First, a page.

Technology, especially with how we communicate with each other, has changed everything we think and do. Accelerated high-tech progress has completely altered our behaviour and restructured how our communities work.
Every little detail seems to be different from my internet-less childhood.
There was no remote control for our television set that, when I was really young, had only three or four channels. Being the youngest sibling, I was the remote control and ran, back and forth, between the large glowing box and the couch. There was only one, sometimes two hockey games a week that, because of my location, usually involved the Toronto Maple Leafs losing.
The 1970s were a primitive and sometimes cruel world.
Change is inevitable and technology has increased our collective potential to construct a better, smaller world. However, as humans, adapting to rapid change in our environment has always brought significant problems and challenges.
For 50,000 years or so, we have always lived in communities. From our hunter-gatherer tribal roots to modern life with our Star Trek-like, high-tech devices, we have always needed rules to interact successfully as a group and survive in an environment that could be hostile.
Around 500 BCE, and probably much earlier in unrecorded times, there was the societal and spiritual development of the golden rule, which roughly states: “Only do things to other people that you would want done to yourself.”
In present day Nepal, Buddha taught a version of the golden rule and, in China, Confucius spread a similar idea. Origins of the golden rule are associated with most religions and gave us a guideline to behave better together and thrive as large groups of people.
Today, many of us exist in communities that are virtual and only online. We communicate and spread ideas without physical touch or sight. Body language, or non-verbal communication, has been completely removed from the equation.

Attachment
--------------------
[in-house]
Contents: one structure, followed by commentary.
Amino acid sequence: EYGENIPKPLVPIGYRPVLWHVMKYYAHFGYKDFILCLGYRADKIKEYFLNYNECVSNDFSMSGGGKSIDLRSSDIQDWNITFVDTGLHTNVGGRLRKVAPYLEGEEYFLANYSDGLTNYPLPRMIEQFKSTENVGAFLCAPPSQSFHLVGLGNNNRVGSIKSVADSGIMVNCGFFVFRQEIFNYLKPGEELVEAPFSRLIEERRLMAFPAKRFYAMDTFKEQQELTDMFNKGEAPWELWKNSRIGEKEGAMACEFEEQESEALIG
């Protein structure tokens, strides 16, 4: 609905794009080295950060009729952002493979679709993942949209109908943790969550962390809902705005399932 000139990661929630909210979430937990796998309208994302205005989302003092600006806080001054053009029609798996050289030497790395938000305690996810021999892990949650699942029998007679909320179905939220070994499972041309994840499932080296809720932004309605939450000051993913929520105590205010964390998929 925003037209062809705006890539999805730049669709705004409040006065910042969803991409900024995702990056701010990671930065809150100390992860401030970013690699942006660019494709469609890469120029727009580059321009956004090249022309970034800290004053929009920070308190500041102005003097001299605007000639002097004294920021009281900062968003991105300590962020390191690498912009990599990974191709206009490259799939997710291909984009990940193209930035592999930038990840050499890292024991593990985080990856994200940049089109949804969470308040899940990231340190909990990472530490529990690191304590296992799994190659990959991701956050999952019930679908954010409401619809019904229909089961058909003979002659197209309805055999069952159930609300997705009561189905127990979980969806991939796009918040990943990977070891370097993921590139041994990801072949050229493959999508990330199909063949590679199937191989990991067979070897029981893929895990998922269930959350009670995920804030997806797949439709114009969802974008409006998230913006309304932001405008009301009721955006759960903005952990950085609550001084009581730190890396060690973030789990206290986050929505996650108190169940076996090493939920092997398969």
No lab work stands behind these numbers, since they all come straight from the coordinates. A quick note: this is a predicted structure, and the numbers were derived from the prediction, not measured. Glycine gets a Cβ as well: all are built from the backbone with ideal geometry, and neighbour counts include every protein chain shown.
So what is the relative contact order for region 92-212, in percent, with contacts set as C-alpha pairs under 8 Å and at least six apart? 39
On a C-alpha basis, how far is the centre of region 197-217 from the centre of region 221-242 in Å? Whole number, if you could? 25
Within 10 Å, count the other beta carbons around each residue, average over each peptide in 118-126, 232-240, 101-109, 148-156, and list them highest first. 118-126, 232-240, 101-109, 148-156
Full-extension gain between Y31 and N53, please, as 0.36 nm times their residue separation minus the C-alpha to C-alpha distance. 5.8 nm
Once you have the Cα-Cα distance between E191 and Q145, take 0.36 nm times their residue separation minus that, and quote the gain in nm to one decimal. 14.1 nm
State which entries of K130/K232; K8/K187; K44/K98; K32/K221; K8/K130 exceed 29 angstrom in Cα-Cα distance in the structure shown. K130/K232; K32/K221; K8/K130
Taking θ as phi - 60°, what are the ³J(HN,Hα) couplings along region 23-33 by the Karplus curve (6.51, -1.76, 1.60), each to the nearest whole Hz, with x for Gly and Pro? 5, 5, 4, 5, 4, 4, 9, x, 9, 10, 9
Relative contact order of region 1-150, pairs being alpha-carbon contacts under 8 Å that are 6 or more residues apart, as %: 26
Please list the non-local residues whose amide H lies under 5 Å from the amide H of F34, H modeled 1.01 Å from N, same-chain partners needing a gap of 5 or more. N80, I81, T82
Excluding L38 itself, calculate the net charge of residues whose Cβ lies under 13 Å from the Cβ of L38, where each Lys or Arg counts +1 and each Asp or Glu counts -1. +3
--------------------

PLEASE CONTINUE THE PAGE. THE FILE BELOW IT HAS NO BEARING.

Interaction without the nuances and subtle exchanges of physical presence creates a bounty of problems and social hardship. It seems to be a situation often polluted with misunderstanding and false bravery that doesn't exist in the real world.
In local virtual places such as Facebook, or any online community in the vast internet, we sit behind a keyboard and often feel and express things in anger and confrontational ways we wouldn't in the real world.
Keyboard courage is something I have felt; it’s a behaviour I awkwardly regretted quickly after clicking the “send” button.
Feelings of anonymity and detachment made me someone I’m really not. In the flesh and blood world, I wouldn't express such anger and self-righteous absolutism. In reflection, it was an odd feeling I felt uncomfortable about.
The digital environment that surrounds us has evolved so quickly we need updated rules of behaviour for present life.
From our ancient prehistoric tribal ancestors to online chatter about local politics, we need some rules for social cohesiveness. A golden rule 2.0 could be: “Don’t say something to someone you wouldn't say directly face to face.”
Adaptation to changes in our places of socializing is essential for a better world. The Maple Leafs will probably still lose, nevertheless, social rules need updates just like the computers we sit behind.
Robert Skender is a Powell River freelance writer and health commentator.